Open Access
Issue
J. Space Weather Space Clim.
Volume 1, Number 1, 2011
Article Number A05
Number of page(s) 9
DOI https://doi.org/10.1051/swsc/2011005
Published online 28 November 2011

© Owned by the authors, Published by EDP Sciences 2011

Licence Creative Commons
This is an Open Access article distributed under the terms of creative Commons Attribution-Noncommercial License 3.0

1. Introduction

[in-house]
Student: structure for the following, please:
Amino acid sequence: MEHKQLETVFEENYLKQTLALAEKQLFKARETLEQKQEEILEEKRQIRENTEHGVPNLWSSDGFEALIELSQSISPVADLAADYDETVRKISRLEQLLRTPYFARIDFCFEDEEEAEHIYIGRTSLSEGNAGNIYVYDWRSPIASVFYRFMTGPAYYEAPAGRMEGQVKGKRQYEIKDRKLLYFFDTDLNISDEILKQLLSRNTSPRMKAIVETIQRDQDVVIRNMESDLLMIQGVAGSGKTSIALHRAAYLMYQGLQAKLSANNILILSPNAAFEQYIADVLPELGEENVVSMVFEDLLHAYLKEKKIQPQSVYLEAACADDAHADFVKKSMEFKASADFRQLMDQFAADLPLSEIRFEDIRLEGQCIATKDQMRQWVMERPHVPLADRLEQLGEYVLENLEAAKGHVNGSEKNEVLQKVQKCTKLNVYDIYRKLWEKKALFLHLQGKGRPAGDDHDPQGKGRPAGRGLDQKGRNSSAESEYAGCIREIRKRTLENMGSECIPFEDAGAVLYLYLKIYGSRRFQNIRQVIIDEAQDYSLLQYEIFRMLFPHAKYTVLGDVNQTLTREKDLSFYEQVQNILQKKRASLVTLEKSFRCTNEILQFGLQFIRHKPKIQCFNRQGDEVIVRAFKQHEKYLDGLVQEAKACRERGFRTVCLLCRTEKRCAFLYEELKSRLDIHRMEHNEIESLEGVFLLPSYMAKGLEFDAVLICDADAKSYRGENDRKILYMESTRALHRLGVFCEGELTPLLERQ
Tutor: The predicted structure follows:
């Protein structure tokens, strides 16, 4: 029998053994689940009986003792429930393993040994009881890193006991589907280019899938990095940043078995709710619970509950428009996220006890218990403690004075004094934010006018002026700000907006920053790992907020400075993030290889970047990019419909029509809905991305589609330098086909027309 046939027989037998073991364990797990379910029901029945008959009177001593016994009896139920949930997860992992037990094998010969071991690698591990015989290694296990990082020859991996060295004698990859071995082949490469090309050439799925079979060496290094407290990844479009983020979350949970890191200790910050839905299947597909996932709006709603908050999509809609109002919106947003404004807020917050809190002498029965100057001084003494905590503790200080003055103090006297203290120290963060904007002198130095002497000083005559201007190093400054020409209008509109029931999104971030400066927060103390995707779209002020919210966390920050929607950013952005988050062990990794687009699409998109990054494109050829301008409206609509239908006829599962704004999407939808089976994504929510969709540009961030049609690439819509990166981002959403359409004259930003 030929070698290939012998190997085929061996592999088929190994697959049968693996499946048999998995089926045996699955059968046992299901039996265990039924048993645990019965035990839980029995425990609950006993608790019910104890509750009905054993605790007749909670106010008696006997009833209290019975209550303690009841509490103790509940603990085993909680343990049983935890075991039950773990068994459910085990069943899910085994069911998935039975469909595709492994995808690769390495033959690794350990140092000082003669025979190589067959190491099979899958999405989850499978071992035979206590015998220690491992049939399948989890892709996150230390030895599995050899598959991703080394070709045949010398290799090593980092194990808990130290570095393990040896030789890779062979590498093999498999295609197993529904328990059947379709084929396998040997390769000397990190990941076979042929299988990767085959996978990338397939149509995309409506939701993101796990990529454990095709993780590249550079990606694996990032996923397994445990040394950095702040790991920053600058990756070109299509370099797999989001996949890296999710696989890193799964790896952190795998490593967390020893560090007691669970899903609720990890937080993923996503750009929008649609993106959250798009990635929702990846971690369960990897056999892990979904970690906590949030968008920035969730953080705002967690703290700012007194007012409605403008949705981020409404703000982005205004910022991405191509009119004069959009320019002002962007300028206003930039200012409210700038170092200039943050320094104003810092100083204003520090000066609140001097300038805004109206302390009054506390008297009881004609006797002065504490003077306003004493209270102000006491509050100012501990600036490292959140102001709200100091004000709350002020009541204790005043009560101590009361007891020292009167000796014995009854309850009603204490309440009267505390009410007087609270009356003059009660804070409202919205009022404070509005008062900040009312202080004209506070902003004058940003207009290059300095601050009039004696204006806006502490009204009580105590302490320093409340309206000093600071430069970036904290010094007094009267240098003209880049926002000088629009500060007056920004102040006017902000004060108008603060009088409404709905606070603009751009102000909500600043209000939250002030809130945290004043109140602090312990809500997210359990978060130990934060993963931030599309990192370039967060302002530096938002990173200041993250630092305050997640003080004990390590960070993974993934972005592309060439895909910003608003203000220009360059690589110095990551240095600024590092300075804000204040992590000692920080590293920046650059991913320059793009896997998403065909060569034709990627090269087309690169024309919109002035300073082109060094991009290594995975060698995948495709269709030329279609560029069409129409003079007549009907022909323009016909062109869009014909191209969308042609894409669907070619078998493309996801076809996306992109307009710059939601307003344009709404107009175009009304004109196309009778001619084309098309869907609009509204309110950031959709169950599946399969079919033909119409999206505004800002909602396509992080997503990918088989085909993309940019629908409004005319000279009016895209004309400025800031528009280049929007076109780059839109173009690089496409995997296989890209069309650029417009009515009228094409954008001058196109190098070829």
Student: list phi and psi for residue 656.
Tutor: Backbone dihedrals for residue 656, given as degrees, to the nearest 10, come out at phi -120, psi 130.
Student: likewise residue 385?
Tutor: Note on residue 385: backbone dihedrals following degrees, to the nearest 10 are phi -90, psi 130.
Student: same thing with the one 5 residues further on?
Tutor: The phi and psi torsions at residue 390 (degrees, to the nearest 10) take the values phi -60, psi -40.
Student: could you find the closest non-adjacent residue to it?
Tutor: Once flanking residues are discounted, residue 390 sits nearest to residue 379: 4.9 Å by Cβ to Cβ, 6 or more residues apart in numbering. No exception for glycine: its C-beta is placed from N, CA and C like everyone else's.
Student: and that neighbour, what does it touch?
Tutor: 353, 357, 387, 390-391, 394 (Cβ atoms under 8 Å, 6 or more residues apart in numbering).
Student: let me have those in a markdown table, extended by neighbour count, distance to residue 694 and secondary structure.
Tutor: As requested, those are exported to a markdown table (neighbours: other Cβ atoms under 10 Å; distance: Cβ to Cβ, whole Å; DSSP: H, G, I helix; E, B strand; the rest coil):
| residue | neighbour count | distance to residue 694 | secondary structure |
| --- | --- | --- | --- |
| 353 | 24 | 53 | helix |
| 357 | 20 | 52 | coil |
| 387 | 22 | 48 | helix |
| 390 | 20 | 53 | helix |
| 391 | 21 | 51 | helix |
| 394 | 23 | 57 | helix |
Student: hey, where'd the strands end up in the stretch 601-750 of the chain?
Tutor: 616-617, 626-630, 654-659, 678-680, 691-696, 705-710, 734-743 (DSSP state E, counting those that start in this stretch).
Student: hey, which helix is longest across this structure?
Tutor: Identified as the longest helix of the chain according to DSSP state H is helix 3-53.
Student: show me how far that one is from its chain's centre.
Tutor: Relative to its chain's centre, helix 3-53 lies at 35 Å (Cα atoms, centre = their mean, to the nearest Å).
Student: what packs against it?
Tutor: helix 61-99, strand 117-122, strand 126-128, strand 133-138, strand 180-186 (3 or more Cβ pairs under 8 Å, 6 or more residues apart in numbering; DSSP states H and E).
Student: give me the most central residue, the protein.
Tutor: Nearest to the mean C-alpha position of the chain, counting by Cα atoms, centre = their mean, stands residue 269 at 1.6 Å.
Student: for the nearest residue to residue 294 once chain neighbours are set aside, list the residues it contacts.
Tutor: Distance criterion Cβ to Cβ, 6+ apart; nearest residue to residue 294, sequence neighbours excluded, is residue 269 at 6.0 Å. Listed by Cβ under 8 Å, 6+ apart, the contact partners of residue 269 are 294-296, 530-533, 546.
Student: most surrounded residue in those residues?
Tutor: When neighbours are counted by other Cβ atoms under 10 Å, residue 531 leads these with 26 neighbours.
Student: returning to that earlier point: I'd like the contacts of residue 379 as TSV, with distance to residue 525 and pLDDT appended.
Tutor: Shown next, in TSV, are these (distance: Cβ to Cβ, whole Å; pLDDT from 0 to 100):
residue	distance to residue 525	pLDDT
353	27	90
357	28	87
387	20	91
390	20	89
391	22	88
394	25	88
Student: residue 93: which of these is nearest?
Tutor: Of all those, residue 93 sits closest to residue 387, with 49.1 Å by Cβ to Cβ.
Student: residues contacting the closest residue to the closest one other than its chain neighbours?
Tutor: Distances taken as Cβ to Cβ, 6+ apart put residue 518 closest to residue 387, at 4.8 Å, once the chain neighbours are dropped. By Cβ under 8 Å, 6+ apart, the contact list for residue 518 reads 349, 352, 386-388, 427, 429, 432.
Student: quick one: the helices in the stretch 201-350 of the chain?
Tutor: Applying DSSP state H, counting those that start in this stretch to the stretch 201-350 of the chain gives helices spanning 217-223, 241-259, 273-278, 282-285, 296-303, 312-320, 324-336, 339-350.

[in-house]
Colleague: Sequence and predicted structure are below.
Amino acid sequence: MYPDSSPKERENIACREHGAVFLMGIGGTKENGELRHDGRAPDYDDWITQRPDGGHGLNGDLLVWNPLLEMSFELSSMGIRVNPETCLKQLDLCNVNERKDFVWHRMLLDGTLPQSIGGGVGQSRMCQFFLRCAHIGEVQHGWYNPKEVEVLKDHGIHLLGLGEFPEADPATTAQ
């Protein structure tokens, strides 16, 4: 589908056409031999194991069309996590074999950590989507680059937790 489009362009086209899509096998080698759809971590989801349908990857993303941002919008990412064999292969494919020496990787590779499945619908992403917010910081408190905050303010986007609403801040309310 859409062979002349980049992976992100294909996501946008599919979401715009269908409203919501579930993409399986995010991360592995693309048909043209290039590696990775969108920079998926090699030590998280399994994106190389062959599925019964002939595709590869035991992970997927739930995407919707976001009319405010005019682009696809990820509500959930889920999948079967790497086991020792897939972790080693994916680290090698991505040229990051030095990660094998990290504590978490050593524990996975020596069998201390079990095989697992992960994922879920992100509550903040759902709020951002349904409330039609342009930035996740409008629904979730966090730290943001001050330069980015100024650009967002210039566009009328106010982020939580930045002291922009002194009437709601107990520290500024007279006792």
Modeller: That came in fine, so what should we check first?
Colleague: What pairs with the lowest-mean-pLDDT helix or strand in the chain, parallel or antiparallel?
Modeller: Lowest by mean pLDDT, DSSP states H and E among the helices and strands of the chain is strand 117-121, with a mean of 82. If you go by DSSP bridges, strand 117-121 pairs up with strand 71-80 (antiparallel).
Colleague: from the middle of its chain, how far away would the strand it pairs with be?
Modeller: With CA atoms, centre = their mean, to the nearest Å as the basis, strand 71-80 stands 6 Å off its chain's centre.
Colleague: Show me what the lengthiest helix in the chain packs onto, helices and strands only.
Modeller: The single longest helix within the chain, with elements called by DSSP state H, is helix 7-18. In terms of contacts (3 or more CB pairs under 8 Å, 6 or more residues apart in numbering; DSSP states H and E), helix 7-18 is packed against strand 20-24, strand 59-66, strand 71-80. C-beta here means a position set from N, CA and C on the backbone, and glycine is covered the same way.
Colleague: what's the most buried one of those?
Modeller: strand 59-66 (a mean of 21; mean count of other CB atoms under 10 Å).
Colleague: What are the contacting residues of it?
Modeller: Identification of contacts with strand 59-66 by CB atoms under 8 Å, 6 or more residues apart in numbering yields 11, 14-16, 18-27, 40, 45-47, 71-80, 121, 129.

The Earth’s ionosphere is the single largest contributor to the Global Navigation Satellite System (GNSS) error budget and the phenomenon of scintillation in particular poses degrading effects. Ionospheric scintillation is a rapid fluctuation in the amplitude and phase of radio signals from GNSS satellites as they pass through small-scale plasma density irregularities in the ionosphere (Wernik & Liu 1974; Kintner et al. 2001 and the references therein). Scintillation may have a considerable impact on the performance of space geodesy, navigation and communication systems; they can lead to an increase in the probability of losing the GNSS signal lock as well as reduce the precision of the pseudorange and phase measurements. Although scintillations are unlikely to affect all GNSS satellites in view simultaneously, losing the signal lock on some of the satellites can affect the accuracy of the positioning solution. In general, scintillation effects are characterised by two indices, namely the amplitude scintillation index, S4, which is the standard deviation of the received power normalised by its mean value, and the phase scintillation index, SigmaPhi (σϕ), which is the standard deviation of the detrended carrier phase. These indices are considered at every 1-min interval.